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common name: House fly

scientific name: Musca domestica Linnaeus, (Insecta: Diptera: Muscidae)

Below:

Distribution and importance

Life cycle and description

Damage

DISTRIBUTION AND IMPORTANCE

The housefly,Musca domestica, is a well-known cosmopolitan pest of both farm and home. This species is always found in association with humans or activities of humans. This is the most common species found on hog and poultry farms, horse stables, and ranches. Not only are they a nuisance, but they also can transport disease-causing organisms. Excessive fly populations are obnoxious to farm workers, and when there are nearby human habitations a public health problem is possible.

More than 100 pathogens associated with the house fly may cause disease in humans and animals, including typhoid, cholera, bacillary dysentery, tuberculosis, anthrax ophthalmia and infantile diarrhea, as well as parasitic worms. Pathogenic organisms are picked up by flies from garbage, sewage and other sources of filth, and then transferred on their mouthparts and other body parts, through their vomitus, feces and contaminated external body parts to human and animal food.

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LIFE CYCLE AND DESCRIPTION

The housefly has a complete metamorphosis with distinct egg, larva or maggot, pupal and adult stages. The housefly over winters in either the larval or pupal stage under manure piles or in other protected locations. Warm summer conditions are generally optimum for the development of the house fly, and it can complete its life cycle in as little as seven to ten days, and as many as 10 to 12 generations may occur in one summer.

Egg: The white eggs, about 1.2 millimetres in length, are laid singly but pile up in small masses. Each female fly can lay up to 500 eggs in several batches of about 75 to 150 eggs, each over a three to four day period. The number of eggs produced is a function of female size, which is principally a result of larval nutrition.

Larva: The mature larva is 3 to 9 millimetres long, typical creamy whitish in color, cylindrical but tapering toward the head. The head contains one pair of dark hooks. The posterior spiracles are slightly raised and the spiracular openings are sinuous slits that are completely surrounded by an oval black border. The legless maggots emerge from the eggs in warm weather within eight to 20 hours, and they immediately feed on and develop in the material where the eggs were laid. The full-grown maggots have a greasy, cream-colored appearance and are 8 to 12 millimetres long. The larvae go through three instars. When the maggots are full-grown, they crawl up to 50 feet to a dried, cool place near breeding material and transform to the pupal stage. High manure moisture favors the survival of house fly larvae.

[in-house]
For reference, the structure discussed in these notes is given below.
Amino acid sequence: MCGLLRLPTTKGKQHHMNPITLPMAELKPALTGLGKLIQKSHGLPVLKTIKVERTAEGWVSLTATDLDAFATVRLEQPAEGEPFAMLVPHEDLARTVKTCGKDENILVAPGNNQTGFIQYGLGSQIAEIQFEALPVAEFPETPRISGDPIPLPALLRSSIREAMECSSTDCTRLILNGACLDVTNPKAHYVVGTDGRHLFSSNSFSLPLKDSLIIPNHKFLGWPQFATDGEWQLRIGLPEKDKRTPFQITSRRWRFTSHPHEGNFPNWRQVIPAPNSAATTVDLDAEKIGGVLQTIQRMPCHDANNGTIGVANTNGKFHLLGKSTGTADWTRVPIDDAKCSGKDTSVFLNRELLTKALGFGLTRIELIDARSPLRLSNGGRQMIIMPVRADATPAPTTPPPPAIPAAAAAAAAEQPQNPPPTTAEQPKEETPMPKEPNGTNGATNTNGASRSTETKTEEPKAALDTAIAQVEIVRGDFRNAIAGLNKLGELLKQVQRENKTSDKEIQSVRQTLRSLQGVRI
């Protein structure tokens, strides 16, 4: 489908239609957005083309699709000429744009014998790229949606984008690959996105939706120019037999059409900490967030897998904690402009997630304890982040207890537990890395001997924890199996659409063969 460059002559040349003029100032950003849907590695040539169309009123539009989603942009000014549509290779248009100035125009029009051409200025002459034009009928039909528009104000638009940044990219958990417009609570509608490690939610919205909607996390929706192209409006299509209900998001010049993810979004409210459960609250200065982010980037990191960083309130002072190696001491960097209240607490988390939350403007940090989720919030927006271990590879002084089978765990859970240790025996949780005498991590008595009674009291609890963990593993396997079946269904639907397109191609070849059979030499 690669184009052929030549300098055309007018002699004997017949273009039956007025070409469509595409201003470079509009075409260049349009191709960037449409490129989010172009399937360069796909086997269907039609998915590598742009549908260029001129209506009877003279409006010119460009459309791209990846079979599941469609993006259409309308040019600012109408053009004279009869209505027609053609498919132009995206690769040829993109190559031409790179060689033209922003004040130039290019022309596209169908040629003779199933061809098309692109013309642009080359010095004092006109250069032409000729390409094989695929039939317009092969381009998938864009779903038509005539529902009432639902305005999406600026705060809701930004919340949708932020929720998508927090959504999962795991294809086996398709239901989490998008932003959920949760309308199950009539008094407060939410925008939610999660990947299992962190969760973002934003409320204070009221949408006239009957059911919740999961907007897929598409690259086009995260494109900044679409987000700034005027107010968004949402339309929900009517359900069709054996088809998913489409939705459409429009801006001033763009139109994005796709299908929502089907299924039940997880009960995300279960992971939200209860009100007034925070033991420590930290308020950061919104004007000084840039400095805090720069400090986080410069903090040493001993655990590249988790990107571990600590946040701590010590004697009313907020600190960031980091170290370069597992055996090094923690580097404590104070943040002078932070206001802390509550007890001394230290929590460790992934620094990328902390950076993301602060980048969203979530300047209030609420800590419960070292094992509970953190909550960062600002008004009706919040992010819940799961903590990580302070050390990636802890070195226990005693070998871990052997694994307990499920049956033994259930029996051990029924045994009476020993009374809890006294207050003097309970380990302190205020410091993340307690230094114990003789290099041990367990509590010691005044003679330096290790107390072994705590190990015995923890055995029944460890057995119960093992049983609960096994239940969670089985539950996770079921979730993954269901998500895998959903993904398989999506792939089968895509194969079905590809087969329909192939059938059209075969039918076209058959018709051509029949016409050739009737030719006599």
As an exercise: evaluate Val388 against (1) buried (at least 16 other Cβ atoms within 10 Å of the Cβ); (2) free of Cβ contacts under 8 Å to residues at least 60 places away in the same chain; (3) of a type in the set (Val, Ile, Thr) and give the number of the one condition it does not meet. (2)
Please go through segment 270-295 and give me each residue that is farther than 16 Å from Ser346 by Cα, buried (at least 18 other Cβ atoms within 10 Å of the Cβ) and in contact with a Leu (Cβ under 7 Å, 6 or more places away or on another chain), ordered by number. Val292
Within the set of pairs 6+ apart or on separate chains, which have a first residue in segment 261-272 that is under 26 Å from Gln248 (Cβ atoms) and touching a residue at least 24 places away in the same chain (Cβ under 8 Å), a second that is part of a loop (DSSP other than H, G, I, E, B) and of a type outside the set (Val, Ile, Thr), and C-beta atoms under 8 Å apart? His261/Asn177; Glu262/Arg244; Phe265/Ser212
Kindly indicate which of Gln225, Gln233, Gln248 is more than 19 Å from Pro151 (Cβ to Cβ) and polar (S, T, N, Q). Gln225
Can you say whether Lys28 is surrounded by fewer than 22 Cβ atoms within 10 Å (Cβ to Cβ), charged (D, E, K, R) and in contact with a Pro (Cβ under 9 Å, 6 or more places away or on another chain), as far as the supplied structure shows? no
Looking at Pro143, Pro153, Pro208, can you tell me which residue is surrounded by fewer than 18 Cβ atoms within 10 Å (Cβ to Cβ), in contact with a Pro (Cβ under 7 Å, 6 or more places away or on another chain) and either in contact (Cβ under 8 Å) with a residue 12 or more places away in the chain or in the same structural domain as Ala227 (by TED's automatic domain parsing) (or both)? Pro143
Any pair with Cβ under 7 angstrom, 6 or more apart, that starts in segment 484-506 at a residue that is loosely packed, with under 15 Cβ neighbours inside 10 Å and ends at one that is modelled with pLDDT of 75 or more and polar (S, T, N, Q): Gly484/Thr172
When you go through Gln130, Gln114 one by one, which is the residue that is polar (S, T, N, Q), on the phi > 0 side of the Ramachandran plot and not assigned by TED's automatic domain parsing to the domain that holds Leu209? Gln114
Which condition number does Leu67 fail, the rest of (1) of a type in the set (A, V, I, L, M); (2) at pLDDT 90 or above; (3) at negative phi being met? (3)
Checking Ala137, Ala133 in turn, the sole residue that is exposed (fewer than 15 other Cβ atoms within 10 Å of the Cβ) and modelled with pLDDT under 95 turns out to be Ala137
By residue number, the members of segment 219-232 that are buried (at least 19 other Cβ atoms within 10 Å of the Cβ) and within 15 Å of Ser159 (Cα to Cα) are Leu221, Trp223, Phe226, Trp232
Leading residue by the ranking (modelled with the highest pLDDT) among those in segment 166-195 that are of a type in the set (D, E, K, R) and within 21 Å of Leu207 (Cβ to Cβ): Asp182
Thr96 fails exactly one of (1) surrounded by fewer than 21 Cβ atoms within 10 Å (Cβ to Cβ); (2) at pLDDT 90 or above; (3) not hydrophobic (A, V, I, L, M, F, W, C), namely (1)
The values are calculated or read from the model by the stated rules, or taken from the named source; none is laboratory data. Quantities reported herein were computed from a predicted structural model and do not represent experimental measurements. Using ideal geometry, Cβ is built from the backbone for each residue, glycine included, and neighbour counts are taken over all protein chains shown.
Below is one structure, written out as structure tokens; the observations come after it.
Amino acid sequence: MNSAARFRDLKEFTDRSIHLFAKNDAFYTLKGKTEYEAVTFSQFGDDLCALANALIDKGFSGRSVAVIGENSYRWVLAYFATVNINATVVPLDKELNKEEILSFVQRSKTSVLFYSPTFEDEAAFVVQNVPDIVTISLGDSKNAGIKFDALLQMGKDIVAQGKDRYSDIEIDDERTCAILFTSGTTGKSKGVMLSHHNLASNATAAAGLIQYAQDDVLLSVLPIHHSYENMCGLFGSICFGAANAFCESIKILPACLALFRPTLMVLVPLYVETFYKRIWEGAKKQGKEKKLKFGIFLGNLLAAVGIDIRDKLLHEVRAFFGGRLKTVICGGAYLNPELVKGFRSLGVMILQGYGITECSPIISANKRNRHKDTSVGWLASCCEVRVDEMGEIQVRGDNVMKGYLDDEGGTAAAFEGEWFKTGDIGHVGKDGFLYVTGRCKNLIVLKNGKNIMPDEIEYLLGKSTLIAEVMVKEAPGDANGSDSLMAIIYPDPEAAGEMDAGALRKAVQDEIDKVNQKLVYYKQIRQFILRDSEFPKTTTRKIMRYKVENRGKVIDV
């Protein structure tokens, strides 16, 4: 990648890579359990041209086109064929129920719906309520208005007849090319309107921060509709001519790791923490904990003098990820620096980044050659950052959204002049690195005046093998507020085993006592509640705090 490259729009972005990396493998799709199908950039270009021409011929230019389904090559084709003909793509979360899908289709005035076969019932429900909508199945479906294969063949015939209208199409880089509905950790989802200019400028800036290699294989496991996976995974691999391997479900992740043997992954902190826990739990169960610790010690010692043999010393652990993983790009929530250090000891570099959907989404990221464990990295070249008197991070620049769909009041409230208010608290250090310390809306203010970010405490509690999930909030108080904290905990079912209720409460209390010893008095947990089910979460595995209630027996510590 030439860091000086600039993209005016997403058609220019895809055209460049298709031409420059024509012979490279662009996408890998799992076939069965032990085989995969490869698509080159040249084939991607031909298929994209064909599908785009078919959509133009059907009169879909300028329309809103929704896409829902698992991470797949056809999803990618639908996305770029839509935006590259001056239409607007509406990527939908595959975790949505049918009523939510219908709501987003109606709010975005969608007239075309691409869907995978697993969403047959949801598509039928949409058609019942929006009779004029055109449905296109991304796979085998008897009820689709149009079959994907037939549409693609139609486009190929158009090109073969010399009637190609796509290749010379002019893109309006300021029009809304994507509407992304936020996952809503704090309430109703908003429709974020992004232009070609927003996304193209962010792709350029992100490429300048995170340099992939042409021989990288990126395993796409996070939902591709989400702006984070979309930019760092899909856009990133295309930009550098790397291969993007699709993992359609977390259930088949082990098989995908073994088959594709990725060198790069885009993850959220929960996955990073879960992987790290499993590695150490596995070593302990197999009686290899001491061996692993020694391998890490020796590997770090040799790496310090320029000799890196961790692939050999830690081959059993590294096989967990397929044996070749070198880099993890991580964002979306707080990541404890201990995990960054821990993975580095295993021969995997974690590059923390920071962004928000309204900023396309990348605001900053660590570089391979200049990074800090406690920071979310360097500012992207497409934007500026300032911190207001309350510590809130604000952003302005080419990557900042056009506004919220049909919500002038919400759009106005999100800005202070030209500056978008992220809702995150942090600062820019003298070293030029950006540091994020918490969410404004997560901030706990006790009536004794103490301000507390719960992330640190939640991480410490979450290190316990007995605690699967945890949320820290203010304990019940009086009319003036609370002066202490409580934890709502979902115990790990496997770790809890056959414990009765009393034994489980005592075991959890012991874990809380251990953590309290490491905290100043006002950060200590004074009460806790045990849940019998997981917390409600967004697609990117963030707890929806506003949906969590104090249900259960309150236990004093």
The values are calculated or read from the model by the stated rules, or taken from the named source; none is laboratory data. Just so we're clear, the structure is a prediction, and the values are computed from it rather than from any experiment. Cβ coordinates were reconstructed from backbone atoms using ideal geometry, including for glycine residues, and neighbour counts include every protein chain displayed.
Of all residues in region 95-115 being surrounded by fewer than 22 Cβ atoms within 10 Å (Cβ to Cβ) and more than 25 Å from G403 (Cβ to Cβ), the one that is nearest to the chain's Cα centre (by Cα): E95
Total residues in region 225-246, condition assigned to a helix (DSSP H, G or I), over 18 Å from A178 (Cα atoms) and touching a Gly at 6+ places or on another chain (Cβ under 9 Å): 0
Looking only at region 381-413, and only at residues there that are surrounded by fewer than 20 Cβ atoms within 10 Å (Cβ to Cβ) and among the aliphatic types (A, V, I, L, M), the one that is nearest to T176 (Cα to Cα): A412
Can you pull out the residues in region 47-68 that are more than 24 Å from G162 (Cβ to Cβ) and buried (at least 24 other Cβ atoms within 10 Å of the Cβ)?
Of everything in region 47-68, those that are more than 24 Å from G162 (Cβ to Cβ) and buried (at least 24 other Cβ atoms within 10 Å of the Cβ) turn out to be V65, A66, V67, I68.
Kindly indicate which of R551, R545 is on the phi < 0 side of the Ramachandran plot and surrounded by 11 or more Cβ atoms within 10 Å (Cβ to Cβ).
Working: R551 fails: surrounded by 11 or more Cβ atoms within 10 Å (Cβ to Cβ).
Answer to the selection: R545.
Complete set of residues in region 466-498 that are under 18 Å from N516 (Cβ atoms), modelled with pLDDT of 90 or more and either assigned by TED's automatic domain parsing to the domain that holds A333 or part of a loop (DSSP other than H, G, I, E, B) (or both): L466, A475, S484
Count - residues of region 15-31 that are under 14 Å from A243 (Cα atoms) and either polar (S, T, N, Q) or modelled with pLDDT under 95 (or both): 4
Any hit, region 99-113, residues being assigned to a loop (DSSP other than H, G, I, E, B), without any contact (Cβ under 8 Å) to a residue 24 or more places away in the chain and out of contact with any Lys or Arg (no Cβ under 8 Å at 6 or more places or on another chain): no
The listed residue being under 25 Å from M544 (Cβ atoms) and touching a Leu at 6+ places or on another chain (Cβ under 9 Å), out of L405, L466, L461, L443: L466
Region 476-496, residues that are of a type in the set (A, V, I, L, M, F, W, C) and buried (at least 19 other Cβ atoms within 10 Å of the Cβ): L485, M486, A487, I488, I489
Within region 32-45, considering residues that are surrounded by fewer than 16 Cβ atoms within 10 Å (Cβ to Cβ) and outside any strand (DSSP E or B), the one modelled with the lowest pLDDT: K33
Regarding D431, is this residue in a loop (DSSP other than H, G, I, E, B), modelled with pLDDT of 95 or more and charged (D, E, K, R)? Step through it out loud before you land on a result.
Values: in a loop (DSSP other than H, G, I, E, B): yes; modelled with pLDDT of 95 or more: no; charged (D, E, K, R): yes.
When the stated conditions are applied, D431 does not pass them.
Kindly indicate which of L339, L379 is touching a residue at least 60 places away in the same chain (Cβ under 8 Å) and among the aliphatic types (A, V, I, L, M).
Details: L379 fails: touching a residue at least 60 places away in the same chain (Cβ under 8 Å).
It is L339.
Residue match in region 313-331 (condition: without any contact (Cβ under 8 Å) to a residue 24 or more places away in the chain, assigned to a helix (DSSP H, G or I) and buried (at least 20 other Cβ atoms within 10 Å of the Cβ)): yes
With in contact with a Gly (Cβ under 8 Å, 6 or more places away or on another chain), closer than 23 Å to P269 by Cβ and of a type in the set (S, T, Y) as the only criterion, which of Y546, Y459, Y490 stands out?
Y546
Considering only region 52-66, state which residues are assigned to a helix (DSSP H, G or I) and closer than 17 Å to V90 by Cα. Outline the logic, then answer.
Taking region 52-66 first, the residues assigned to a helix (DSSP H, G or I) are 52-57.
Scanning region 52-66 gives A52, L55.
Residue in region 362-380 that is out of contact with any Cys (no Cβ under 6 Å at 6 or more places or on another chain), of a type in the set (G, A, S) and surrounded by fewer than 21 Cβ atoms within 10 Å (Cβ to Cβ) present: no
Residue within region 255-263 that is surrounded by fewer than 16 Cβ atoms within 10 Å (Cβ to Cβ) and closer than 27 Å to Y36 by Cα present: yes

Pupa: The pupae are dark brown and 8 millimetres long. The pupal stage is passed in a pupal case formed from the last larval skin that varies in color from yellow, red, brown, to black as the pupa ages. The emerging fly escapes from the pupal case through the use of an alternately swelling and shrinking sac, called the ptilinum, on the front of its head that it uses like a pneumatic hammer.

Adult: The housefly is 6 to 7 millimetres long, with the female usually larger than the male. The eyes are reddish and the mouthparts are sponging. The thorax bears four narrow black stripes and there is a sharp upward bend in the fourth longitudinal wing vein. The abdomen is gray or yellowish with dark midline and irregular dark markings on the sides. The underside of the male is yellowish. The sexes can be readily separated by noting the space between the eyes, which in females is almost twice as broad as in males.

The housefly is often confused with the stable fly, Stomoxys calcitrans (Linnaeus), and the false stable fly, Muscina stabulans (Germar). All three are in the same family.

Adults usually live 15 to 25 days. The potential reproductive capacity of flies is tremendous, but fortunately can never be realized. It has been stated that a pair of flies beginning operations in April may be progenitors, if all were to live, of 191,010,000,000,000,000,000, flies by August.

Adults suck liquids containing sweet or decaying substances. Larvae feed on moist food rich in organic matter. Although they are attracted to a variety of food material, houseflies have mouthparts that allow them to ingest only liquid materials. Solid materials are liquified by means of regurgitated saliva.

The flies are inactive at night, with ceilings, beams and overhead wires within buildings, trees, and shrubs, various kinds of outdoor wires, and grasses reported as overnight resting sites. In poultry ranches, the outdoor aggregations of flies at night are found mainly in the branches, and shrubs, whereas almost all of the indoor populations generally aggregated in the ceiling area of poultry houses.

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DAMAGE

Flies commonly develop in large numbers in poultry manure under caged hens, and this is a serious problem requiring control. The control of Musca domestica is vital to human health and comfort in many areas of the world. The most important damage related with this insect is the annoyance and the indirect damage produced by the potential transmission of more than 100 pathogens associated with this fly.

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